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FOREX-Dollar gains broadly as growth currencies slip
March 20, 2012 / 12:06 PM / 6 years ago

FOREX-Dollar gains broadly as growth currencies slip

* Dollar rises broadly, helped by rise in U.S. yields

* Growth-linked currencies dip on China demand concerns

* Investors eye Italy reform talks

By Nia Williams

LONDON, March 20 (Reuters) - The dollar index climbed against a basket of currencies on Tuesday, helped by higher U.S. Treasury yields, while growth-linked currencies came under pressure from concerns China’s demand for raw materials could be slowing.

Global miner BHP Billiton said it saw signs growth in iron ore demand was flattening in China, Australia’s single biggest export market, pushing the Australian dollar more than 1 percent lower on the day to $1.0488.

“The (U.S.) dollar looks better bid against the euro and the yen. Interest rate expectations do seem to be gaining a bit more traction on the currency,” said Daragh Maher, currency strategist at HSBC.

“But it strikes me the move in the Australian dollar may be a bit overdone. I would think it’s a good idea to buy Aussie on these dips.”

The dollar index rose 0.3 percent to 79.692, recovering from a one-week low hit the previous day. Analysts said much of the greenback’s recent surge was due to improving U.S. data and a modest brightening of the U.S. Federal Reserve’s economic outlook in its latest policy statement.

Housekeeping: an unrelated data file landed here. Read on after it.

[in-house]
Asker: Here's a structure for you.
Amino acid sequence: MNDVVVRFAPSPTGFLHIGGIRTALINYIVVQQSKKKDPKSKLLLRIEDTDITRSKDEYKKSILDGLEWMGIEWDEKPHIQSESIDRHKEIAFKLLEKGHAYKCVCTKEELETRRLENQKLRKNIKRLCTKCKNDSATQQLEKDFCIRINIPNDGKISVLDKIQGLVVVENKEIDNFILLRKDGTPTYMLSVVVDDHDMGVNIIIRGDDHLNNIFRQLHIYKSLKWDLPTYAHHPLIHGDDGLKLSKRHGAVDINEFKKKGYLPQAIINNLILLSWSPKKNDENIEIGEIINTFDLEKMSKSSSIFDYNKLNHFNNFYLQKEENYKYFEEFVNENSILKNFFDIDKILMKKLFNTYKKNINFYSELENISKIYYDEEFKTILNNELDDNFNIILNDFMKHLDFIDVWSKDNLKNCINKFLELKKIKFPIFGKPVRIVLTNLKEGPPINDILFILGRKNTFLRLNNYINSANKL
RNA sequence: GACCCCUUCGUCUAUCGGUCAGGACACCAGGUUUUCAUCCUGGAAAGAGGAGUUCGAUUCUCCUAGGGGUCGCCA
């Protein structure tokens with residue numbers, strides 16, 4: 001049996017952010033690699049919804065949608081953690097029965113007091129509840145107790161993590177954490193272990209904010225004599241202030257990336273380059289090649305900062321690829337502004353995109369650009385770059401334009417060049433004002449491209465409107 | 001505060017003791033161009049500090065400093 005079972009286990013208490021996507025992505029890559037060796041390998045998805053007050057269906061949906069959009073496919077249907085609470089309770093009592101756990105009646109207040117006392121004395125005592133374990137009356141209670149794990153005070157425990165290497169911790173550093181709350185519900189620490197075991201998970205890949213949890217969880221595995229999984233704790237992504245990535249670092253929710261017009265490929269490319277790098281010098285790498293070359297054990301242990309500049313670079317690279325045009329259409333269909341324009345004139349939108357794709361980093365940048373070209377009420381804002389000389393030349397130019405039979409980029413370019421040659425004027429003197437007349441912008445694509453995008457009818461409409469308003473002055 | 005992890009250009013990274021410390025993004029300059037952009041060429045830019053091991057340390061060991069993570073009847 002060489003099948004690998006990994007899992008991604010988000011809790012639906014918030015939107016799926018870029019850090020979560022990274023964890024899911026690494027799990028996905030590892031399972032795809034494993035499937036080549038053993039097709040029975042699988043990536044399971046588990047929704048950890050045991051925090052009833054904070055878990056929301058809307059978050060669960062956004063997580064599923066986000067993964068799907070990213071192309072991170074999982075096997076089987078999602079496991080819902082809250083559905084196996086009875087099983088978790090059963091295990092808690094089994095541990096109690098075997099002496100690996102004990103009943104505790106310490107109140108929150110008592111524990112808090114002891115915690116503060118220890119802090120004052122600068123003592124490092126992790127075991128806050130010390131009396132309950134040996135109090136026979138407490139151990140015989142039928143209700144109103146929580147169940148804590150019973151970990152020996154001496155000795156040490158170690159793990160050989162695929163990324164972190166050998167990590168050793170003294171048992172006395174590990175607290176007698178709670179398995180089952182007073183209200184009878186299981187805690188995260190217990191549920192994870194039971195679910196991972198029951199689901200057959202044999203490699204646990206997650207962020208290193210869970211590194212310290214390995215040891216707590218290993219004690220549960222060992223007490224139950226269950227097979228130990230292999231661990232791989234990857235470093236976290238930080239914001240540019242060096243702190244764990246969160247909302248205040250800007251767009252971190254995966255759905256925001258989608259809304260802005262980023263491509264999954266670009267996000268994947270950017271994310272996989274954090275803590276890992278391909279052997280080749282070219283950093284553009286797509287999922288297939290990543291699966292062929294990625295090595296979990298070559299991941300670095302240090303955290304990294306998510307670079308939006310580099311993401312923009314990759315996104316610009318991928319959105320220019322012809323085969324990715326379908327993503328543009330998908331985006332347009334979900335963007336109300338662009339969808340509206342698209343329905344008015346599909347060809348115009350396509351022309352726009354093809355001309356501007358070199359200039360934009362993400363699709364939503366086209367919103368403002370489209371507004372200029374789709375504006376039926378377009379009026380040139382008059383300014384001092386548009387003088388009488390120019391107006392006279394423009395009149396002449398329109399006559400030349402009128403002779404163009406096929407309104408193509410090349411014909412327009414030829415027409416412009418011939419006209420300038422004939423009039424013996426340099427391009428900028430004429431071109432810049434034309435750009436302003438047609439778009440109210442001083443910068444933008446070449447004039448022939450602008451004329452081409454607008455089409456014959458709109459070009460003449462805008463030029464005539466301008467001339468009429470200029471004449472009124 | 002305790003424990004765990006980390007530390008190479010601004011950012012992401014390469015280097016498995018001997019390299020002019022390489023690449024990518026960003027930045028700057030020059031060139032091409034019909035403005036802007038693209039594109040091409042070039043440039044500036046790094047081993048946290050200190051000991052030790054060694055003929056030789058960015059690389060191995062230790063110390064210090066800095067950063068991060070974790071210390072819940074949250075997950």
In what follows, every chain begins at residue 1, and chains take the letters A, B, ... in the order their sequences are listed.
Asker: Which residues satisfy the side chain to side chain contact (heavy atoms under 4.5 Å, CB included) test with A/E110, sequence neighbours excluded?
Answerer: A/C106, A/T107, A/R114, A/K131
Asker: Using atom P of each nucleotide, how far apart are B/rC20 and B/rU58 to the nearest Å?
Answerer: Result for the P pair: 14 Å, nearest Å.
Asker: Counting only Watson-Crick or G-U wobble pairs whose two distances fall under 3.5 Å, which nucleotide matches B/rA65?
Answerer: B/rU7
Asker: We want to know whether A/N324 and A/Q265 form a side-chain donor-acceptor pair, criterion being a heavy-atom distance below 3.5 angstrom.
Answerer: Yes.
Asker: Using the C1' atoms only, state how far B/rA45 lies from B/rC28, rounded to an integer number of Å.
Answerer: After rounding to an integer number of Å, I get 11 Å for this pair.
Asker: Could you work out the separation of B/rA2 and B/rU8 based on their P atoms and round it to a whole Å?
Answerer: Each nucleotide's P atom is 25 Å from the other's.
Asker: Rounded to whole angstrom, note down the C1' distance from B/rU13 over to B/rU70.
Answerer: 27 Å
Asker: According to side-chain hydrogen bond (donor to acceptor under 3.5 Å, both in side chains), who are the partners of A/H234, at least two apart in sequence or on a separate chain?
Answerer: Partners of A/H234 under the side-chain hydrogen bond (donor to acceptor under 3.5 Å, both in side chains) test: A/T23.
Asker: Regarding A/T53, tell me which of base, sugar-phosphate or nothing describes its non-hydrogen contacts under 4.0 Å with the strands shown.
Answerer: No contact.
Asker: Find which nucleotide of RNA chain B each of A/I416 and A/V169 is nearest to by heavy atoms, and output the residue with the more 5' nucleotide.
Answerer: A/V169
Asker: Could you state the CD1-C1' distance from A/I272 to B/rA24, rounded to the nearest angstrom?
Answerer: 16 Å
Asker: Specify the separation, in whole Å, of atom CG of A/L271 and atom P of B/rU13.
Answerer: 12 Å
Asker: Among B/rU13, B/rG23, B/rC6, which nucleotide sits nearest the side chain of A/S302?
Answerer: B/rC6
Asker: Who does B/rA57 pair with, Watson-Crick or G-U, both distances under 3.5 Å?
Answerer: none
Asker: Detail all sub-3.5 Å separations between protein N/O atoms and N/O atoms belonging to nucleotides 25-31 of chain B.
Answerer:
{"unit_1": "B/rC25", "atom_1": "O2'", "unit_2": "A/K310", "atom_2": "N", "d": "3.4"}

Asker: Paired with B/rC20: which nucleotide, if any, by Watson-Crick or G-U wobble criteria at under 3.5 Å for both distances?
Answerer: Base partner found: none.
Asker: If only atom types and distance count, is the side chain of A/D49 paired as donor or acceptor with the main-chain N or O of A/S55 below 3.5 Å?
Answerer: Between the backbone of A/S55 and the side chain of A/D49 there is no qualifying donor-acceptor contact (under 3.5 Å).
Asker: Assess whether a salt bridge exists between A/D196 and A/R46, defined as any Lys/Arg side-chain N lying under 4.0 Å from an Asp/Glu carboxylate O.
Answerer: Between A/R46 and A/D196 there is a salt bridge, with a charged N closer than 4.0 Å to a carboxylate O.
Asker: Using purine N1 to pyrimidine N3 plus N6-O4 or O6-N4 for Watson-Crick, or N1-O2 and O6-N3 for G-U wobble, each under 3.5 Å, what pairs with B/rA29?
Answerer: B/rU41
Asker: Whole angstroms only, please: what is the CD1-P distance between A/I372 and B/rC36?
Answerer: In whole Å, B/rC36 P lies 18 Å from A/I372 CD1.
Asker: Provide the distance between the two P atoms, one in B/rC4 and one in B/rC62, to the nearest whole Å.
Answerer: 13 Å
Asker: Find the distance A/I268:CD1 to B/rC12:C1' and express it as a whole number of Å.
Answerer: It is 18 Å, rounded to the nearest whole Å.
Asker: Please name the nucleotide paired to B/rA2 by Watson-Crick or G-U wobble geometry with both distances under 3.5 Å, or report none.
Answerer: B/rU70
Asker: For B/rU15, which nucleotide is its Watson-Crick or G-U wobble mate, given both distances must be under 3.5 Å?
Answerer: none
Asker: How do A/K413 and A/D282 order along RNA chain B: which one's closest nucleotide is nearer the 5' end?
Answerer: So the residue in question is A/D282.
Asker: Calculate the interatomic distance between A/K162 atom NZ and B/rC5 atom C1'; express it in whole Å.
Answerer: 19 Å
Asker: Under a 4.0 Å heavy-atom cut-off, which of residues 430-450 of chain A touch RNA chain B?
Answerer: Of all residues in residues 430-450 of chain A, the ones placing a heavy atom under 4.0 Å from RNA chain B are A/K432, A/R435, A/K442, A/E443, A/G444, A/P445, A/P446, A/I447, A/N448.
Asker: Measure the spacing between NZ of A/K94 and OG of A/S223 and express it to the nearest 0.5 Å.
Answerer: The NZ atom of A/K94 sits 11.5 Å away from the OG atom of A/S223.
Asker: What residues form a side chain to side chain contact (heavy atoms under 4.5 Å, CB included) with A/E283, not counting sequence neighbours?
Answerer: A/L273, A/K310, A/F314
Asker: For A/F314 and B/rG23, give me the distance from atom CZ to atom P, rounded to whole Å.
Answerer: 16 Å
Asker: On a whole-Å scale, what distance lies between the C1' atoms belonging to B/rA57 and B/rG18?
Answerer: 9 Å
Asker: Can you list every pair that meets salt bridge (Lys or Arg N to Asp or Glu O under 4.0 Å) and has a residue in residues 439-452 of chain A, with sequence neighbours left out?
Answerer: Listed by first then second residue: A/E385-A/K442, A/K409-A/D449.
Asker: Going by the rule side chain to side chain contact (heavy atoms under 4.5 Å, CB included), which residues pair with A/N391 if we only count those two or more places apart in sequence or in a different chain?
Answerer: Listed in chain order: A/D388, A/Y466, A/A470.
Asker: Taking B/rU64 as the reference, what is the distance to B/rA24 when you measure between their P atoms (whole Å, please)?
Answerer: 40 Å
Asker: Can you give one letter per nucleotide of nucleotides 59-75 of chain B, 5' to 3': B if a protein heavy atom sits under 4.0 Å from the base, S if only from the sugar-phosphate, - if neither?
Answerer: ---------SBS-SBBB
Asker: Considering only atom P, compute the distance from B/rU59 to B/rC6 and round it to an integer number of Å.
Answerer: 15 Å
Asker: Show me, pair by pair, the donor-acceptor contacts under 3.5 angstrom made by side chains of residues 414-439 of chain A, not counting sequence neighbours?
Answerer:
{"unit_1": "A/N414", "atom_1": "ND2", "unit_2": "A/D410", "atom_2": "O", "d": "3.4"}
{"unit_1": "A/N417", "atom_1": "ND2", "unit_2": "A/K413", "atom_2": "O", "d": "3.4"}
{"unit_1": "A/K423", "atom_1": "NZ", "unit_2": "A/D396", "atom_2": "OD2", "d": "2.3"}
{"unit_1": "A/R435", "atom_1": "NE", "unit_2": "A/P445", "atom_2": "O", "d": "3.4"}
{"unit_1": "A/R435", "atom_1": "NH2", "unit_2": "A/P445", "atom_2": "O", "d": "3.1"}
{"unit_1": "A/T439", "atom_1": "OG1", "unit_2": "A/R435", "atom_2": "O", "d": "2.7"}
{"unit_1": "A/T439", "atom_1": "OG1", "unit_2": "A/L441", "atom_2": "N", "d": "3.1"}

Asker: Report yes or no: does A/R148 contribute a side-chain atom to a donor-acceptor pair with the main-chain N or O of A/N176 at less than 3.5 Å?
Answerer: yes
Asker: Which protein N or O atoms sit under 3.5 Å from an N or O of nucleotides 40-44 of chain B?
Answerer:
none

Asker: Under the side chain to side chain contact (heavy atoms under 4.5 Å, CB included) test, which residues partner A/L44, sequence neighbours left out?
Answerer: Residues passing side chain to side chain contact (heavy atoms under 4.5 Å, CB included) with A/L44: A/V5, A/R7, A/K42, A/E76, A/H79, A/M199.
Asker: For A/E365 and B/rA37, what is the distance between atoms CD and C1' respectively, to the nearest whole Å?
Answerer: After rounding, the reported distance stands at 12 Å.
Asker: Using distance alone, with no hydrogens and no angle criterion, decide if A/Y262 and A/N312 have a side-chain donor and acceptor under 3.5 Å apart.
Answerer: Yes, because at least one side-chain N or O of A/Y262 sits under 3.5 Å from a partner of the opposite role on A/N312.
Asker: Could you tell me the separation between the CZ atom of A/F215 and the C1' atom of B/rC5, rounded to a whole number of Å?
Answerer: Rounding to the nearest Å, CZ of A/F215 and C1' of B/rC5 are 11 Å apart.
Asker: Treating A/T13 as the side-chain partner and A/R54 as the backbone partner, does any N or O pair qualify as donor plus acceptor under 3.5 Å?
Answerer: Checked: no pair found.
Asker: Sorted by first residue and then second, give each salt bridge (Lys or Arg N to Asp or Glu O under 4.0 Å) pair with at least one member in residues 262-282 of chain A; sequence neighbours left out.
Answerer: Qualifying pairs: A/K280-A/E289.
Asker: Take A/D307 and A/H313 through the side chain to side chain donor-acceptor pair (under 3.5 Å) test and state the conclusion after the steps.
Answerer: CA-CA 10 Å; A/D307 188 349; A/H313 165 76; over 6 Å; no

That spurred a rise in U.S. Treasury yields as investors scaled back expectations of further quantitative easing in the near term, and prompted some speculation the Fed may tighten monetary policy earlier than it had pledged.

The 10-year U.S. Treasury yield rose to as high as 2.392 percent on Monday, its highest level since late October. The two-year Treasury yield was last trading at roughly 0.367 percent, in sight of last week’s peak of 0.414 percent which was the highest since late July.

But some strategists said the move in the greenback and U.S. Treasury yields could soon run out of steam.

“The recent dollar rally has been based on unrealistic expectations for U.S. rates and I don’t think it is well founded,” said Adam Cole, global head of FX strategy at RBC Capital Markets.

“The market is priced for rate hikes much earlier than the FOMC (Federal Open Market Committee) has indicated.”

ITALY TALKS EYED

The euro eased 0.3 percent to $1.3196, slipping away from a one-week high near $1.3266 hit on Monday and below support from the 100-day moving average around $1.3199.

Some investors were cautious about pushing the shared currency higher ahead of talks between Italy’s government and unions on reforms seen as key to turning around the euro zone’s third largest economy and paying down massive debts.

There have been some signs of stabilisation in the euro zone sovereign bond market this year, with the 10-year Italian government bond yield spread over German Bunds standing at 286 basis points on Tuesday, down from 535 basis points on Jan. 9.

But concerns remained that Portugal may eventually need to restructure its debt like Greece, prompting another flare up in the crisis, while Italy is potentially a far bigger worry.

Moves in the dollar versus the yen picked up in European trade after a quiet Asian session when Japanese financial markets were closed for a national holiday.

The dollar rose 0.4 percent to 83.73 yen, moving back towards an 11-month high of 84.187 hit on Thursday on trading platform EBS, while the yen hit a fresh four-month low versus the euro of 110.82 yen.

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